Thursday, November 27, 2008
REVIEW: The Brothers and Sisters of the Toda Family - Yasujiro Ozu (1941)
Reviewed by Chris MaGee
Family politics can drive you crazy. I can’t count the number of times that I have heard within my own family and those of friends, “This would never have happened if Mom (or Dad or Uncle Pete or Grandma Betty, etc…) were still alive.” “This” could be anything from blowing all the family money gambling, to a feud between brother and sister, to someone marrying the wrong person. Sometimes the grievances are justified and it’s true that the dearly departed would have kept everyone in line, but more likely it’s a case of hindsight being 20/20. Families always seem to treat their own the worst of all and that is definitely the case in “The Brothers and Sisters of the Toda Family” although in that particular subdued Yasujiro Ozu way.
We meet the Toda family at the beginning of the film as they gather to celebrate their mother’s birthday. Both Mr. and Mrs. Toda are happy to have all of their children and grandchildren at their large Western-style mansion for the festivities, so much so that they have hired a pair of photographers to capture the day with a family portrait. The only person who seems a bit nonplussed by the whole event is the Toda’s only son, Shojiro. He sits in an upstairs room, impatient with the celebration, his mind obviously on other things. It takes his younger sister, Setsuko, to get him dressed and ready to say “cheezu”.
Reflecting on the day later Mr. Toda falls gravely ill. Phone calls are sent out to all the children each of whom make arrangements to return to the familial home. Here is the first of the most recognizable Ozu themes, the death of a parent, a harbinger of his most famous film “Tokyo Story”. By the time the children assemble it’s too late and in one of the most evocative of Ozu’s “pillow shots” we see guest’s hats laid out as a segue into the father’s funeral. There are prayers and tears and of course the legalities of death as the will is read and the family discovers that father had been deeply in debt. What will the remaining children do? The black sheep Shojiro decides that it’s best to head off to Japanese occupied China (remember it’s 1941) to make his own fortune, while young Setsuko and her mother are left being shuttled between the homes of the two elder Toda daughters neither of whom treat them in a way that elder daughters should.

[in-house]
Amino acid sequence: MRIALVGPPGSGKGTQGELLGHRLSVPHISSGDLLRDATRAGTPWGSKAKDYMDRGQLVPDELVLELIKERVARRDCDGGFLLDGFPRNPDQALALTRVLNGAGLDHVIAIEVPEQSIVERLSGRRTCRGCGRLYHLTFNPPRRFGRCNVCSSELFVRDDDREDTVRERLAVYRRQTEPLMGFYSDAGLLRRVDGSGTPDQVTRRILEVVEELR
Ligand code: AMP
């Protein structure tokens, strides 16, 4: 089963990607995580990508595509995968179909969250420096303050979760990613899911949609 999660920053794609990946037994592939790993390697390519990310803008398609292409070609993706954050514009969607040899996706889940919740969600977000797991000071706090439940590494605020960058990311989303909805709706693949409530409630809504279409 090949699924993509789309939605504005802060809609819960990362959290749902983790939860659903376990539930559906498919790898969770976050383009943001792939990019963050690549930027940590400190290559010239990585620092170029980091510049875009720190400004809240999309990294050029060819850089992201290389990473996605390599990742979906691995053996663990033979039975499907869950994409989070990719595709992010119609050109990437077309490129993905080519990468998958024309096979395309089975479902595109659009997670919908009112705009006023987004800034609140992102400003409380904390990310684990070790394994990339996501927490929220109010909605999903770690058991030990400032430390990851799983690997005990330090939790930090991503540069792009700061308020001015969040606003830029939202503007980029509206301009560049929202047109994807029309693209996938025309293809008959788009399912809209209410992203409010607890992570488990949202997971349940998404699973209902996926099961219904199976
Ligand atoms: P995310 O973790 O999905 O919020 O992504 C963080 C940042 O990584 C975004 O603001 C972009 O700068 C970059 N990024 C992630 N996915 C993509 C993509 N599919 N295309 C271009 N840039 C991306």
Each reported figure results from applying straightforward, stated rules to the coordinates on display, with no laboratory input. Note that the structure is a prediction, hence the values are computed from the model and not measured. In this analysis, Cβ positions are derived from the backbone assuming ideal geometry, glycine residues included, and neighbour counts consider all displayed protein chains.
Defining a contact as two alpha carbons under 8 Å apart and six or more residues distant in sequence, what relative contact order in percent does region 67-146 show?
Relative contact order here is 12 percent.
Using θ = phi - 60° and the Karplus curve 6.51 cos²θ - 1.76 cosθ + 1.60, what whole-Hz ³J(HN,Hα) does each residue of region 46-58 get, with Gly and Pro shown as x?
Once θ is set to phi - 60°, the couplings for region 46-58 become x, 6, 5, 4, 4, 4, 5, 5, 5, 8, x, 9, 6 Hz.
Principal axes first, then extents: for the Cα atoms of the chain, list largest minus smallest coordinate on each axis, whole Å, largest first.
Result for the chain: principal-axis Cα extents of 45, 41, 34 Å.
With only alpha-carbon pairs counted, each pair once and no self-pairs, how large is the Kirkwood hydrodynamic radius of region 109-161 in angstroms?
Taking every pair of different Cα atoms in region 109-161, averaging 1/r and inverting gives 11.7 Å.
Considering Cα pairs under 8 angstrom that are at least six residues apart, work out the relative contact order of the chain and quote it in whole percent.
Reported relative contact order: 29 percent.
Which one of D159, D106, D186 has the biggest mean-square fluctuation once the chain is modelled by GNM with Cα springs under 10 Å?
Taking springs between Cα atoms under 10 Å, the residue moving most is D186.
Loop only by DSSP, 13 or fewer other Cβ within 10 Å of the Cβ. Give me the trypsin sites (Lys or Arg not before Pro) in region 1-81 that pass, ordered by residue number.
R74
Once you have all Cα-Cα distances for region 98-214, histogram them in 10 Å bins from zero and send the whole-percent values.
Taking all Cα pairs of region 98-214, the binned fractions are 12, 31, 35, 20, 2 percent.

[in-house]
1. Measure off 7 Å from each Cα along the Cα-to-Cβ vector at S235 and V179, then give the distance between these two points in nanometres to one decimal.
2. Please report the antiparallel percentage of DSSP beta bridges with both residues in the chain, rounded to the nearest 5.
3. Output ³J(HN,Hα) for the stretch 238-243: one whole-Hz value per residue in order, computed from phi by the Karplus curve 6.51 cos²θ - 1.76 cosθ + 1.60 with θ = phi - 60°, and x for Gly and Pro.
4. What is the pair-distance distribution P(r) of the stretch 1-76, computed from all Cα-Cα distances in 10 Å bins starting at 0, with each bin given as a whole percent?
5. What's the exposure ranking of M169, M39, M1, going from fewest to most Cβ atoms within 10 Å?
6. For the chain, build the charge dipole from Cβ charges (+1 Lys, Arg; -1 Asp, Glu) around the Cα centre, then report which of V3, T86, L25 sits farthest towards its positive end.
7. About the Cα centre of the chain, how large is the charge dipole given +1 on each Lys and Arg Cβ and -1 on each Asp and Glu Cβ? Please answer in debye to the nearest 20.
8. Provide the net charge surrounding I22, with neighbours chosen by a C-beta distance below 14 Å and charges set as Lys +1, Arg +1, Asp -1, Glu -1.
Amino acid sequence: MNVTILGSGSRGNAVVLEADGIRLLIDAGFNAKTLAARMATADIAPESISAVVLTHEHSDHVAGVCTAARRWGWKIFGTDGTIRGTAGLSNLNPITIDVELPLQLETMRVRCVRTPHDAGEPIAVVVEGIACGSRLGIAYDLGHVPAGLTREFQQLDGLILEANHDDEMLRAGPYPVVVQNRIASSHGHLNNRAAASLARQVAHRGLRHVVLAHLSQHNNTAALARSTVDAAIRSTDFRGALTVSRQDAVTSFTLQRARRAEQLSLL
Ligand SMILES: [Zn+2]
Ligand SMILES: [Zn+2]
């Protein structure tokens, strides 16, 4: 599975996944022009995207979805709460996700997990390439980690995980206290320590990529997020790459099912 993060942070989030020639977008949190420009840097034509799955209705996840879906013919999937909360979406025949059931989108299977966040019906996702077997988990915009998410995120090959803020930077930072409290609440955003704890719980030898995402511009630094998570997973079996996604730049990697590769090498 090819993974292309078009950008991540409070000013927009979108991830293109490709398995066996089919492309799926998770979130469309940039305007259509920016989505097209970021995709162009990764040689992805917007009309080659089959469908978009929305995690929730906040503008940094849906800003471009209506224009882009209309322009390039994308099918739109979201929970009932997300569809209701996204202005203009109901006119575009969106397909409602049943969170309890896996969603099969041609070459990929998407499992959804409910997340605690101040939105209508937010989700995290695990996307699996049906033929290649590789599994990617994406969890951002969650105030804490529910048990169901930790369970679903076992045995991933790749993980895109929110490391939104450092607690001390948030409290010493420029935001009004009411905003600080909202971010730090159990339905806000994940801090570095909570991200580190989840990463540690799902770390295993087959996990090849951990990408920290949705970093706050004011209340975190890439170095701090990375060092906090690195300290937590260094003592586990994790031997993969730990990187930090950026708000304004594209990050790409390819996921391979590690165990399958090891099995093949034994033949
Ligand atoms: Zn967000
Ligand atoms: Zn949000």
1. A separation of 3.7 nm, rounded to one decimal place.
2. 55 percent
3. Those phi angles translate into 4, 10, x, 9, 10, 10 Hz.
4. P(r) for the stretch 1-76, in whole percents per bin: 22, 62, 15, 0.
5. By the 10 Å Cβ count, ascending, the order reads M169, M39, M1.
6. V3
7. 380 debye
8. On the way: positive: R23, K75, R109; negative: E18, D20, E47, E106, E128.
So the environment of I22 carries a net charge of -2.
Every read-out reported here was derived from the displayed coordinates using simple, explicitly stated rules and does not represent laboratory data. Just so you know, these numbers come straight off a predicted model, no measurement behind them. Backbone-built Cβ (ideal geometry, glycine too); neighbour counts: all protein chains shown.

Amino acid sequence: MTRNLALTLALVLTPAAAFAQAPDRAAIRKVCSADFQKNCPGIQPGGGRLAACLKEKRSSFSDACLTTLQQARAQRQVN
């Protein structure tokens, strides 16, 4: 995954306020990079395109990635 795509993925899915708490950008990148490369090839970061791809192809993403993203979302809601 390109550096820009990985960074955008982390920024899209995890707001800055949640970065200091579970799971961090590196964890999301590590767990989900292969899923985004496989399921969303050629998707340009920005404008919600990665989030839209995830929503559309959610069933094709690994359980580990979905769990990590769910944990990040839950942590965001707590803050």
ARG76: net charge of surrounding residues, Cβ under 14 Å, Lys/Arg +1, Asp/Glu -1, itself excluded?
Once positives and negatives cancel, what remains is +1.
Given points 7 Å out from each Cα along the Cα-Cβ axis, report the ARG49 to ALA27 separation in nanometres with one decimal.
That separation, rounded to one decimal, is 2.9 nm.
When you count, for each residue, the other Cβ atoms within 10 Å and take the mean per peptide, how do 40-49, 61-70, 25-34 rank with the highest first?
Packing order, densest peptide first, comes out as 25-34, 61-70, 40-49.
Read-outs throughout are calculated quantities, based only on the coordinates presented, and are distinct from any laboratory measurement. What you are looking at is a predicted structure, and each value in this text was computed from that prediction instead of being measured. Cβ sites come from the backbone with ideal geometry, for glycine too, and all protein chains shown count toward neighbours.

“The Brothers and Sisters of the Toda Family” is probably my favorite Ozu film after “Late Spring” as it so wonderfully lays out it’s themes of time, loss, and imprisonment in familial duty… so much so that all of these can be read from the still shots of clocks, the clockwork sound of the wooden funeral gong and the image of the caged myna bird that accompanies Setsuko and her mother as they are treated like mere servants by the rest of their family and Setsuko looks wistfully up at the framed photo of her late father. It’s also somewhat atypical of the mature Ozu style as it doesn’t feature the kind of nostalgic use of music, the direct to camera delivery of dialogue and the omission of major events like the death of the father and the verbal barrage that Shojiro unleashes on his dishonourable sisters as the black sheep turns into the defender of the family. It does have Chishu Ryu though in a cameo as a friend of Shojiro, so all is well with the universe.